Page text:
If it had been introduced by a member from the west or from the, Yukon district the matter might be explained. I do not believe the government have any mandate to get rid of the Intercolonial railway. They have no right either directly or indirectly through the Department of Railways to lease that road to a private company or syndicate. If this government should take it to be their duty to do so and declare that to be their policy, they should dissolve this House and go before the people to secure their verdict. I am quite sure that if they did so, the members supporting this government from the beautiful little provinces down by the sea would be minus.
Their number would be very different from what it is to-day. If I went before the people of my constituency advocating this resolution, I would not get 1,000 votes from the beautiful united constituency of Kings and Albert.
I would like to read a few newspaper clippings in regard to the Intercolonial railway being handed over to a private syndicate or company. The first is from the Toronto 'Globe1 and purports to be the words of Mr. Kobert Meighen, president of the Lake of the Woods Milling Company. It reads:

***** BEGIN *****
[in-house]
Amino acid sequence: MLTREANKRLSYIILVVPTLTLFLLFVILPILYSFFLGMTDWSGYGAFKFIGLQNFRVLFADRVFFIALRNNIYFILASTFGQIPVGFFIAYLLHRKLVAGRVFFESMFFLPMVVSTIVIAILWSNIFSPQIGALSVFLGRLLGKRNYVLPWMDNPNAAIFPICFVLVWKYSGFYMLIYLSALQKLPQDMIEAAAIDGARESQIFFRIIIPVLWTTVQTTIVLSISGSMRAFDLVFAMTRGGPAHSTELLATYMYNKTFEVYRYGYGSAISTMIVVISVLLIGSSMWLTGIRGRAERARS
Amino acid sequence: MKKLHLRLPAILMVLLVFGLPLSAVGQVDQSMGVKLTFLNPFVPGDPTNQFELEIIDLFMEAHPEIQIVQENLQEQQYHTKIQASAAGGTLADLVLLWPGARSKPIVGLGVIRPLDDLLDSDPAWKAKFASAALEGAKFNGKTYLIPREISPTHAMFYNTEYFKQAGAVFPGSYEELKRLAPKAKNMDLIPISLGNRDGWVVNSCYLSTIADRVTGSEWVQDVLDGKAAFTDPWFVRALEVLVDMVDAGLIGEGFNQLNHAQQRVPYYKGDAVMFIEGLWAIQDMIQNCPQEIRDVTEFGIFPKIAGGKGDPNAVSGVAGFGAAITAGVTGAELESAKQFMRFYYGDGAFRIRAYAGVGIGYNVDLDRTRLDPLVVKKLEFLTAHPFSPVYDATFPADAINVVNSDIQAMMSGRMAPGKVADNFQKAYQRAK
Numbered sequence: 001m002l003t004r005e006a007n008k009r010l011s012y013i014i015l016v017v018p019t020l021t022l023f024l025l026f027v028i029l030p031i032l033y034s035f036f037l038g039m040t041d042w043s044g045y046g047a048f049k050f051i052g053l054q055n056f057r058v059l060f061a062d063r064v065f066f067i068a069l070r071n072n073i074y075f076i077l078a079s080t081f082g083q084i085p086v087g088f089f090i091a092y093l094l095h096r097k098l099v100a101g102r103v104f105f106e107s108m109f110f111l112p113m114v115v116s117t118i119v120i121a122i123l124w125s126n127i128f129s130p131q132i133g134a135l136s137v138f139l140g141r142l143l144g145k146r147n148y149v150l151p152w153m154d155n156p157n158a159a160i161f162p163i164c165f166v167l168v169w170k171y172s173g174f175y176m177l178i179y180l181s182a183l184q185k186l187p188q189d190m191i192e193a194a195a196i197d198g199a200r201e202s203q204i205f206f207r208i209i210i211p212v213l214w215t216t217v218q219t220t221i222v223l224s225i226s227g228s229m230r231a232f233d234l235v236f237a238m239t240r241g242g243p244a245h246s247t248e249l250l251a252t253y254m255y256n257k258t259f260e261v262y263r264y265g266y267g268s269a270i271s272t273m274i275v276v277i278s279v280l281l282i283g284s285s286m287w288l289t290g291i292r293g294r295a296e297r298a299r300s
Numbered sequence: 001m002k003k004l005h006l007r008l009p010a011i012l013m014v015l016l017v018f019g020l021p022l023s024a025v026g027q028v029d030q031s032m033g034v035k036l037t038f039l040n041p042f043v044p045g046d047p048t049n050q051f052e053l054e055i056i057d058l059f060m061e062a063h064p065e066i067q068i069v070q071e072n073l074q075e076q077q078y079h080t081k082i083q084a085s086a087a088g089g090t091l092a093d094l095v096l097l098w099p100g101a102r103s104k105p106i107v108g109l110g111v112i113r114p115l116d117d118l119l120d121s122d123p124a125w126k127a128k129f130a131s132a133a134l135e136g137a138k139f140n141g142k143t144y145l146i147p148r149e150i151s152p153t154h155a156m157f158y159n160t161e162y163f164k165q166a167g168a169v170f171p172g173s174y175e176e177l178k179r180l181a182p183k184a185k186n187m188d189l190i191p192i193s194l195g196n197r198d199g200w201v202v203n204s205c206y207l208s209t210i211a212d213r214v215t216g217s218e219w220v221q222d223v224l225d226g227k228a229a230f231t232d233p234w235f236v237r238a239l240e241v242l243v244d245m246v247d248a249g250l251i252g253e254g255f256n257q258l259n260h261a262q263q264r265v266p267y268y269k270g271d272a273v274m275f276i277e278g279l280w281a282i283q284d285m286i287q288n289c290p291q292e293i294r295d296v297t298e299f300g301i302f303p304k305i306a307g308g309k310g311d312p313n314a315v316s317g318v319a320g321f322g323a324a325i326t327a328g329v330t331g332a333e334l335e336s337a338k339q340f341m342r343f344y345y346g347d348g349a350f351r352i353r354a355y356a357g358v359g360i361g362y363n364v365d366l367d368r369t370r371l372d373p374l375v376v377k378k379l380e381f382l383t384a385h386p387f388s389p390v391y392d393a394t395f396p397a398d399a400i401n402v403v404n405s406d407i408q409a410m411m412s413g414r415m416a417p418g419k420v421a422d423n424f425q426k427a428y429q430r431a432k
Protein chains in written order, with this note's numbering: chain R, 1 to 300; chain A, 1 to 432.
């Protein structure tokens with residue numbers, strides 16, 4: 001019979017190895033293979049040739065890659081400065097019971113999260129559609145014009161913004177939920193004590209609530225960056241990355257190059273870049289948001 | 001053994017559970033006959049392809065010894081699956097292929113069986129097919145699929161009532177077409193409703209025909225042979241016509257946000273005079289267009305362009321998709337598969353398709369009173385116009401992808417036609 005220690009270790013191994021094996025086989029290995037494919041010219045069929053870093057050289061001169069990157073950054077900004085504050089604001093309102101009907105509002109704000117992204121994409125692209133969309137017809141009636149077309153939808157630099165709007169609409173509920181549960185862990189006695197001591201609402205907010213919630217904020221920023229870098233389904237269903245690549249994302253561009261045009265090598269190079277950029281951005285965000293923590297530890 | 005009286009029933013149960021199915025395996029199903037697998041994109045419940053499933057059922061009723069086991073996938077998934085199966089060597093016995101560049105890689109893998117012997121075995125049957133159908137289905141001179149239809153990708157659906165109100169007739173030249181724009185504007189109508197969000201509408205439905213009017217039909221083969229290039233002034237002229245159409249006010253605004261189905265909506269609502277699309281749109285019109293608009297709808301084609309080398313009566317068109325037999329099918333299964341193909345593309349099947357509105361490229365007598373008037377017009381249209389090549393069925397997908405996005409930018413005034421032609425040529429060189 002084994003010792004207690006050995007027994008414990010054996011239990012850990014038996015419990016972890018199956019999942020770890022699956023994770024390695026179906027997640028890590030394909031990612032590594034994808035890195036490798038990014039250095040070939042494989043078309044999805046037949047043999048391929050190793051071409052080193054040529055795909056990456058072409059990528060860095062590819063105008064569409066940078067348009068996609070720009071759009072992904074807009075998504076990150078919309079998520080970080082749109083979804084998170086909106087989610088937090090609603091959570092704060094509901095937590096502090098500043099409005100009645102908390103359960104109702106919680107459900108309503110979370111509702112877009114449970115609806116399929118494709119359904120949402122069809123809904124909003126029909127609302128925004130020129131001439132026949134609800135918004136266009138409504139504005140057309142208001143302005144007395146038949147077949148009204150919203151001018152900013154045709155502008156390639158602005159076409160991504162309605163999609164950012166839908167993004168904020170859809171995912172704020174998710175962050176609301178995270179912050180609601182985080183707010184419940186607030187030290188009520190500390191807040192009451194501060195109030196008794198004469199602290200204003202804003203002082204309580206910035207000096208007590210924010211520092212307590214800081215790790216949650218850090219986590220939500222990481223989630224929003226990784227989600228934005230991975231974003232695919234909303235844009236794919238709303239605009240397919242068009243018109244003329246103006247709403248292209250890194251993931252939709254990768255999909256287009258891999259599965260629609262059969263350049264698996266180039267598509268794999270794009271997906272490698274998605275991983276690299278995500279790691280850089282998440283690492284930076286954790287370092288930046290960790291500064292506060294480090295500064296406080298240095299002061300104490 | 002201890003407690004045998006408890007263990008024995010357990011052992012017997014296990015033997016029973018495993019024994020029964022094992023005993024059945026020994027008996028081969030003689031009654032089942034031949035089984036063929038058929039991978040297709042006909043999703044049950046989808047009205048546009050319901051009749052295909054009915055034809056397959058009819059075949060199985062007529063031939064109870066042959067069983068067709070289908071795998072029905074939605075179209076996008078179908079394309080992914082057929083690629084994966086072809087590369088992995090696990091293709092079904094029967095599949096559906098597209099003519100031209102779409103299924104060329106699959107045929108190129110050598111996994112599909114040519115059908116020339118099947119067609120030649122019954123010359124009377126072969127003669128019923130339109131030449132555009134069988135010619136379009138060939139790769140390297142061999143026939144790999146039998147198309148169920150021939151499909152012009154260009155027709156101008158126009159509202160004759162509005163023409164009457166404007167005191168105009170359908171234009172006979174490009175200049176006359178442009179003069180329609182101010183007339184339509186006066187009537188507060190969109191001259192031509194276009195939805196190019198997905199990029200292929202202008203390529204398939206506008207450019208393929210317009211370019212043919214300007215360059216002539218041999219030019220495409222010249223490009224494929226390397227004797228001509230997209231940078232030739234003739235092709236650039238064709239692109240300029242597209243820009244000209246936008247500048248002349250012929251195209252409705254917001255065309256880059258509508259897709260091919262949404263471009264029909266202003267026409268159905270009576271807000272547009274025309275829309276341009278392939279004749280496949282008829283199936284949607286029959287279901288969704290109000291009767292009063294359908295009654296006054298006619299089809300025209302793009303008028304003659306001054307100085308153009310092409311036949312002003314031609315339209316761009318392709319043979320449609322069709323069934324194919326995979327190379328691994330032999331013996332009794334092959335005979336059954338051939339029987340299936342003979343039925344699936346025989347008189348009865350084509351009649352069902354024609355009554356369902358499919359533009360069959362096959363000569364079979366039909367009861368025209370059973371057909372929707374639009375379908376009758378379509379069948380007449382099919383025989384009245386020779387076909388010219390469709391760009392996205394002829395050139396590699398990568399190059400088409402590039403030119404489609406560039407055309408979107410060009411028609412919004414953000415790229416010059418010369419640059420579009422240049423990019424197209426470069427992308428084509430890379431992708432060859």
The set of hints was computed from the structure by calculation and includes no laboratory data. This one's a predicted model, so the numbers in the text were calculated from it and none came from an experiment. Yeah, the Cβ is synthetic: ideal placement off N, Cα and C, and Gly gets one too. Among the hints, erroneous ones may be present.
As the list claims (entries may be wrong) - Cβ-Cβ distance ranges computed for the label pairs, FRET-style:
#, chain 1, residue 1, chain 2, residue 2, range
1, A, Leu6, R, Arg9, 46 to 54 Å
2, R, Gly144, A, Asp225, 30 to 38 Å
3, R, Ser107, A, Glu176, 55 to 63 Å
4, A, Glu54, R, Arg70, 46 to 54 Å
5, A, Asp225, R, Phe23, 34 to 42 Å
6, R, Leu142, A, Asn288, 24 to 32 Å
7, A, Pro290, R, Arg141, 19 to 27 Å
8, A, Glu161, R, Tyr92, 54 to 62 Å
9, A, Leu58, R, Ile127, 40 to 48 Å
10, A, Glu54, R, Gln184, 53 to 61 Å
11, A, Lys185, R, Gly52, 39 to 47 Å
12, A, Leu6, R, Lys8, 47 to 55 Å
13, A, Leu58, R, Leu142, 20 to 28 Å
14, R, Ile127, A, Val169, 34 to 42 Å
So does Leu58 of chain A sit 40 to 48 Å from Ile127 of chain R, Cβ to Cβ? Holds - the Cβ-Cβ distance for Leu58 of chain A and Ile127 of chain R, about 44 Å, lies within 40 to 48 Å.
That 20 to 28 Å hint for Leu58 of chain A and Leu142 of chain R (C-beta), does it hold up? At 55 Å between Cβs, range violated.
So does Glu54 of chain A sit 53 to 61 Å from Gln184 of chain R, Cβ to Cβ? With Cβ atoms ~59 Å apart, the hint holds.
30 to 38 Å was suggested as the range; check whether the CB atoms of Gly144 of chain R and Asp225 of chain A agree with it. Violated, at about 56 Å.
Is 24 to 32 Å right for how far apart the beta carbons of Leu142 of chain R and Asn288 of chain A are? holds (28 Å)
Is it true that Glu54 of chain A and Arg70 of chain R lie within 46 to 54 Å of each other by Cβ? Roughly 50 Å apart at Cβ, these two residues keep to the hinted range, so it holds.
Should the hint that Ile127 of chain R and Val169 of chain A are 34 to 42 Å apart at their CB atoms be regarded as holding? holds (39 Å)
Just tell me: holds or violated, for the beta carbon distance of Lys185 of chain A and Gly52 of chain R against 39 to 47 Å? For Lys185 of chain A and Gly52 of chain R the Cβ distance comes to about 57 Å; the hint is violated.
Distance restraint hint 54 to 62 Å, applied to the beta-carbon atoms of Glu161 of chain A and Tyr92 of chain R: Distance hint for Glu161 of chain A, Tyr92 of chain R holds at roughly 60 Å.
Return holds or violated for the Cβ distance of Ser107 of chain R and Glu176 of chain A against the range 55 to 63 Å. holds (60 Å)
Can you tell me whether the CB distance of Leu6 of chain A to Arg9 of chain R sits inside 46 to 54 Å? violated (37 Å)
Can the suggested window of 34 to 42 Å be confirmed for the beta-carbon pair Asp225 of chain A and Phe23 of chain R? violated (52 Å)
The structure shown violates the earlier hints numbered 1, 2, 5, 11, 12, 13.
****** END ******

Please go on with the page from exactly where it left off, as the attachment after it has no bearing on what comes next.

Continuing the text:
I would not stand for the control of the Intercolonial railway being given to any corporation. I don't care whether it is the Canadian Pacific railway, of which I am a director, the Grand Trunk, or Mackenzie & Mann, I think it would he wrong. I could give my reasons, but as a railway director perhaps I had better not.
Another business man of Montreal says:
If it goes into the hands of Mackenzie & Mann or any other company there will be a revolution in the maritime provinces. I spent 25 years there, and I know the feeling such a step would arouse.
The Moncton 'Transcript' quotes from the Toronto 'World', a paper also of some account saying:
The 'World' takes up the question not only in behalf of the maritime provinces, but from the standpoint of the people generally. Replying to those who have been crying out against the Intercolonial, it says:
We have ust two things to say to these ex ploiters-and they are exnloiters for themselves pure and simple:
First, the Intercolonial is owned by the people of Canada at large, noc by the people of the maritime provinces as such; that they've put their good eighty millions of dollars in it, both because they engaged to build it as a pare of the pact of confederation, and because they see that it is or can certainly be made a substantial check on the other roads, and, in an emergency, of the supremest importance to Canada as a state and as a part of the British empire